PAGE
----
The Governing Body of NHS Southern Derbyshire Clinical Commissioning Group (CCG) today approved plans for a brand new health facility in Heanor at their meeting at Oakland Village, Swadlincote.
The Governing Body reviewed the outcome of the 90 day consultation on Heanor health services and accepted the recommendation to proceed with the option that had overwhelming support from local people.
The existing Memorial Hospital will now be demolished, the Wilmot Street Health Centre will eventually close and a brand new facility will be built on the current Hospital site. The new centre will provide services that meet the health requirements of the population. This building will include all existing services with the exception of inpatient beds along with a range of new services which are required to support the health of local people.
NHS Southern Derbyshire Clinical Commissioning Group launched a 90 day consultation on 11 July following the discovery of asbestos at Heanor Memorial Hospital in September 2013. However, the CCG needed to look at the role of other health services as part of its wider responsibility for the health of all residents in the area. These include services based at Wilmot Street Health Centre, those provided in the wider community and those provided in people’s homes.
Andy Layzell, Chief Officer at NHS Southern Derbyshire CCG, said:
“We would like to thank everyone who has taken the time to give us their views on health services in Heanor during the public consultation. We have looked at all the views given to us during the consultation period and I’m very pleased to report that over 90% of people who responded said they supported our proposal.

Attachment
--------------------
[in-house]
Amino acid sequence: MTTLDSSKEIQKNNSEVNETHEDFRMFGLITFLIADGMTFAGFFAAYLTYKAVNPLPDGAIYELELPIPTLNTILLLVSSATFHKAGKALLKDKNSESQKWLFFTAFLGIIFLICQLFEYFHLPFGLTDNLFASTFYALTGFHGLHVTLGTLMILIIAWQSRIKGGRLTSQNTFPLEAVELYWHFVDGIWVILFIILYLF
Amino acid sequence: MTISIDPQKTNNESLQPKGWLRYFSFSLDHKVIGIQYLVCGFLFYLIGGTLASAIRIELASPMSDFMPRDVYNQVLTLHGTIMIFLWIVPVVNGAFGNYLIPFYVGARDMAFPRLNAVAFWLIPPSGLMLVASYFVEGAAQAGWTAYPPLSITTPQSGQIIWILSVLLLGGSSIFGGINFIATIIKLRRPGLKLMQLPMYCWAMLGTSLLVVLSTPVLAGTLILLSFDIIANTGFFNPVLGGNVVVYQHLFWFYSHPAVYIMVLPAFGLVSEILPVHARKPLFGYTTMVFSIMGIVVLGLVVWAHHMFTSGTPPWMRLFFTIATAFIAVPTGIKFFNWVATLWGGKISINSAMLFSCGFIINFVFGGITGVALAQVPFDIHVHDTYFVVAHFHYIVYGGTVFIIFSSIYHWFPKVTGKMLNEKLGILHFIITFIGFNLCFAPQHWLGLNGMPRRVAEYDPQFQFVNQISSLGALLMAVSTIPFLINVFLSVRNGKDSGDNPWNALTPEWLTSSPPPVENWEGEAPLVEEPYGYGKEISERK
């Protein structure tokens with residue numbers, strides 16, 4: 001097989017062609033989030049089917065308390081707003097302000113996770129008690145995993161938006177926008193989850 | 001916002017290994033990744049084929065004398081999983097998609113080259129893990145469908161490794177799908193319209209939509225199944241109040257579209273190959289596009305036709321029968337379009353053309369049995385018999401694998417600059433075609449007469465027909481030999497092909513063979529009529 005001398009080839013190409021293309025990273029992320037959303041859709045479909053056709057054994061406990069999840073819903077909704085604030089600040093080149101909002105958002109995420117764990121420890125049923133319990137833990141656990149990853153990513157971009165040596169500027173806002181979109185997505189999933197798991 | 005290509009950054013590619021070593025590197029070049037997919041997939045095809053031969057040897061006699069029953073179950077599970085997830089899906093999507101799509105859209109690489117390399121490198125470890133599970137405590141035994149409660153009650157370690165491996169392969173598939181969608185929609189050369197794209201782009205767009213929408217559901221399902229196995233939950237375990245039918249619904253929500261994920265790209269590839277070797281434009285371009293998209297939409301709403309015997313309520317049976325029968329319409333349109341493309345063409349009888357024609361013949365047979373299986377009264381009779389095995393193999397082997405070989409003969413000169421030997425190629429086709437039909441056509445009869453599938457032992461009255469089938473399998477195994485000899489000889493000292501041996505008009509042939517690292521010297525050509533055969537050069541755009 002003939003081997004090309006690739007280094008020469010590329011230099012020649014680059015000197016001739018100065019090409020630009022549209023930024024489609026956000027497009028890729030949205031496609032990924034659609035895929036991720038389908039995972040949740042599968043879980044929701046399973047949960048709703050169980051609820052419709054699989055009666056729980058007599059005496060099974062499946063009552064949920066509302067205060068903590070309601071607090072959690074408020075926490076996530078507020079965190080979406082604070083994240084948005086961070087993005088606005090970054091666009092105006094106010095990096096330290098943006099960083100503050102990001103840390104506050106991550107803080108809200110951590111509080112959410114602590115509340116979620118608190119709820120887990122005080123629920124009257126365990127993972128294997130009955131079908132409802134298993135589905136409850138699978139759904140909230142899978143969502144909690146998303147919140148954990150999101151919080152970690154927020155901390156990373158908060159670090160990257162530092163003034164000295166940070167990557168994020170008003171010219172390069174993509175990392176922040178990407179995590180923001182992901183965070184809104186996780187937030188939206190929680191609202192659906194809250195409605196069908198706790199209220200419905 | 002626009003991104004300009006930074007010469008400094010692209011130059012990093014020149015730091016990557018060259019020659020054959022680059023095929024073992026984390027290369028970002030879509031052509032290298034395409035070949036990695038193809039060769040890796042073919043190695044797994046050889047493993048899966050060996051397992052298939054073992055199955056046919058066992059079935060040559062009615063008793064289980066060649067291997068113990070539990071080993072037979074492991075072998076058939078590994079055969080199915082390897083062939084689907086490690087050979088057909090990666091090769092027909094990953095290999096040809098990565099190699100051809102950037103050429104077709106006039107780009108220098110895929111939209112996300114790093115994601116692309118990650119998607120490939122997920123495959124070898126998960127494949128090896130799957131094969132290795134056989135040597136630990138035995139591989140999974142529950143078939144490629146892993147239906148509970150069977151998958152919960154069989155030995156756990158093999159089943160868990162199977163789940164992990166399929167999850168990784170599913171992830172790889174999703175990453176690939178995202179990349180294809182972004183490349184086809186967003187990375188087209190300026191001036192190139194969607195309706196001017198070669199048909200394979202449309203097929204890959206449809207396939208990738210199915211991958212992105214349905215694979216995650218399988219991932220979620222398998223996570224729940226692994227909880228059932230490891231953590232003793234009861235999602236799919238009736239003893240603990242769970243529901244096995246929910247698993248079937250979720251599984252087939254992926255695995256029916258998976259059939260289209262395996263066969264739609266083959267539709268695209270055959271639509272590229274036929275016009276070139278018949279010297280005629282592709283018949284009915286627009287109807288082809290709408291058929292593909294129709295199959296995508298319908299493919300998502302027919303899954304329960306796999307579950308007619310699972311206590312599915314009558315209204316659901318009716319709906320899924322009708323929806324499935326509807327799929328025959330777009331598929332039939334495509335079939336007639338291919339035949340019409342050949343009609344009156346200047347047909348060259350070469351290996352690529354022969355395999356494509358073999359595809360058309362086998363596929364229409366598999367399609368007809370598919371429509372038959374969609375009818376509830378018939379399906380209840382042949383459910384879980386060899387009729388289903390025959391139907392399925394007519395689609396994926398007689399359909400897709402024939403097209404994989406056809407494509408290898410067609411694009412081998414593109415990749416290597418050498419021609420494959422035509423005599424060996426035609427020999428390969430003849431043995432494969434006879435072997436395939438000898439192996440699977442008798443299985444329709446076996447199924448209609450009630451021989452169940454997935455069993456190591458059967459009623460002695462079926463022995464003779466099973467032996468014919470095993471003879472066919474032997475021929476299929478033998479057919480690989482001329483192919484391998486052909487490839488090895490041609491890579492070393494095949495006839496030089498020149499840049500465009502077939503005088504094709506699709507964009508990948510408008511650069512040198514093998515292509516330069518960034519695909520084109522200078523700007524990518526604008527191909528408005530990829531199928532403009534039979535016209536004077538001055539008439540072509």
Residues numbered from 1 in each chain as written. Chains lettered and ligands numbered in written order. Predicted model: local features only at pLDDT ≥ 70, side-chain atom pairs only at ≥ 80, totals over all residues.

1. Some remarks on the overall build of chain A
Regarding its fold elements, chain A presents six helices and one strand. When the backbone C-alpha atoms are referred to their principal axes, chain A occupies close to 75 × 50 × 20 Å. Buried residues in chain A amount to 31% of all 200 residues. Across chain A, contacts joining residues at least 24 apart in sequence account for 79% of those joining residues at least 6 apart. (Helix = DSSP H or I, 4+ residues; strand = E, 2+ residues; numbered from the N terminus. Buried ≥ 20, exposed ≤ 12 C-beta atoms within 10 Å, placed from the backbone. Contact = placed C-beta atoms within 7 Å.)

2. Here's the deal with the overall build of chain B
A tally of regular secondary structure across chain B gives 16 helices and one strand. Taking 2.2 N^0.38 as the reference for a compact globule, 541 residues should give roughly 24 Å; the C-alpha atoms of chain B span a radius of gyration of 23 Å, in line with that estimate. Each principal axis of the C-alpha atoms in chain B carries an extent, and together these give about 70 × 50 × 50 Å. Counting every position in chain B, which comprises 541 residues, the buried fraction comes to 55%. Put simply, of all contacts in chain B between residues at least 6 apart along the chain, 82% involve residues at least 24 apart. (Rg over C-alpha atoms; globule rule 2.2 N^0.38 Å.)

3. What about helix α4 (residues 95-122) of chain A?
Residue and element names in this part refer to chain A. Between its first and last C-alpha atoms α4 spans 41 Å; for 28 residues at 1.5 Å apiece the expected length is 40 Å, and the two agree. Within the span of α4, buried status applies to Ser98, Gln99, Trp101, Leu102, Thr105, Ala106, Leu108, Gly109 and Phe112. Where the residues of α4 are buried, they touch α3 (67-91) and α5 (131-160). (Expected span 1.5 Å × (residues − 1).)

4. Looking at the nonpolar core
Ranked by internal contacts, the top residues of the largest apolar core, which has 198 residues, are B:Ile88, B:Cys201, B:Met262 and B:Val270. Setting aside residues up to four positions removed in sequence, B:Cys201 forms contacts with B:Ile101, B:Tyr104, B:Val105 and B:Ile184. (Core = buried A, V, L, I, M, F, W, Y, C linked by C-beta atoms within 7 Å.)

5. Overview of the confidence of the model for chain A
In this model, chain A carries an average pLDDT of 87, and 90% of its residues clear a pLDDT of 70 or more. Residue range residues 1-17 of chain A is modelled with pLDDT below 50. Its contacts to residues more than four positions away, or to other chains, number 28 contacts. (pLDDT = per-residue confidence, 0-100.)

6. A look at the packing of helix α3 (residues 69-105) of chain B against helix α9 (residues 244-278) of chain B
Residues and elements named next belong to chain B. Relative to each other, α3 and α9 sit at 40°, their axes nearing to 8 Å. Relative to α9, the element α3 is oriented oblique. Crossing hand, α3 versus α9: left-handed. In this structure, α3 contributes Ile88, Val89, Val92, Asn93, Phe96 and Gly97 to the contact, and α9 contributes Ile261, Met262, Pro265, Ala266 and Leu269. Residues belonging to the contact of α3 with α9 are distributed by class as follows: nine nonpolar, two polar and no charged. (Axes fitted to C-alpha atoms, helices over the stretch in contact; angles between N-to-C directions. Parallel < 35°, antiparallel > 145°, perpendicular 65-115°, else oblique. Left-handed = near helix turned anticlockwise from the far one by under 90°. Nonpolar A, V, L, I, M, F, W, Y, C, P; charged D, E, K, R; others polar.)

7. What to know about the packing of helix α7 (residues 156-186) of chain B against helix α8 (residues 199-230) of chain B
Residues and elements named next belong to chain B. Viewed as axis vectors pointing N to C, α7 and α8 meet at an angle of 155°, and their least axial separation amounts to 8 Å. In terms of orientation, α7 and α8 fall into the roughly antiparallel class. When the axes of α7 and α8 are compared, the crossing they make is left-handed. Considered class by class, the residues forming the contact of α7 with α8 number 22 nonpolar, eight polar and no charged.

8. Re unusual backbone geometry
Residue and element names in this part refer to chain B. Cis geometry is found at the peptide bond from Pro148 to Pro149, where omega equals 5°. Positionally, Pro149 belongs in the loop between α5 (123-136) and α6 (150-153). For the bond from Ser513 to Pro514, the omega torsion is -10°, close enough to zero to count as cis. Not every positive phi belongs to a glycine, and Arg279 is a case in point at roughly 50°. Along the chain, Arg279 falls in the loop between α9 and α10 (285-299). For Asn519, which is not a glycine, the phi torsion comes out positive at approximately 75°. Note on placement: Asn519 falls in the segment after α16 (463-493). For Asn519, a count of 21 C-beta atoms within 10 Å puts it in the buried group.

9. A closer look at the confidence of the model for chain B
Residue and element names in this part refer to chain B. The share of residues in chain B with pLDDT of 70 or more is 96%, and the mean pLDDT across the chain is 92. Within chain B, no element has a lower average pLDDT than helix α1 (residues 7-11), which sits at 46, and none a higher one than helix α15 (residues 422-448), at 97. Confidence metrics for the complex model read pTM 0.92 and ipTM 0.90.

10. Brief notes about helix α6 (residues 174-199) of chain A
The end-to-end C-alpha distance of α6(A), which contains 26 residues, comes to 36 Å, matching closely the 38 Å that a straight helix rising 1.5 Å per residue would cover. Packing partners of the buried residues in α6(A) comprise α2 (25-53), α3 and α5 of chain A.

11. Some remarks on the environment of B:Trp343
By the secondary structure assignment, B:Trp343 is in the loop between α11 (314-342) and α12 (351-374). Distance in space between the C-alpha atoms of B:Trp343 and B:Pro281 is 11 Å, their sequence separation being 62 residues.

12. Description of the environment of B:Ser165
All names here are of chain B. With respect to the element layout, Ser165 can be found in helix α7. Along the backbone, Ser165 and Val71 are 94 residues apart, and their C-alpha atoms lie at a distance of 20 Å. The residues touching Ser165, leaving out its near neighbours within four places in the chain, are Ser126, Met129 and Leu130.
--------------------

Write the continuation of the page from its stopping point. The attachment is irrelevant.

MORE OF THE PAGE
“Our attention now very quickly moves to the next stages of the project. We expect that if everything goes to plan, we should expect to have a new health facility opened in Heanor in early 2017 and have a fully developed demolition and construction plan which will meet this deadline.
“We have said from the start that any new building would take around two years to build once a decision about how to proceed was made. Proposals still need to be finalised for how the services will fit into a new building and we will work with local people to make sure the design is both fitting for the town and practical in allowing services to stay flexible in the future.
“The NHS has to follow a formal process to appoint main contractors, such as quantity surveyors, architects and construction teams and we currently expect demolition work can start in April 2015. We will now be working with Derbyshire Community Health Services NHS Trust to develop a demolition and construction plan to meet this timescale.
“Local people can be assured that this is the quickest this can happen to ensure we follow proper tendering and planning processes. Clearly we could not proceed with these elements of the project until the consultation had finished and a decision had been made, but some preliminary steps have been taken and we will hit the ground running.”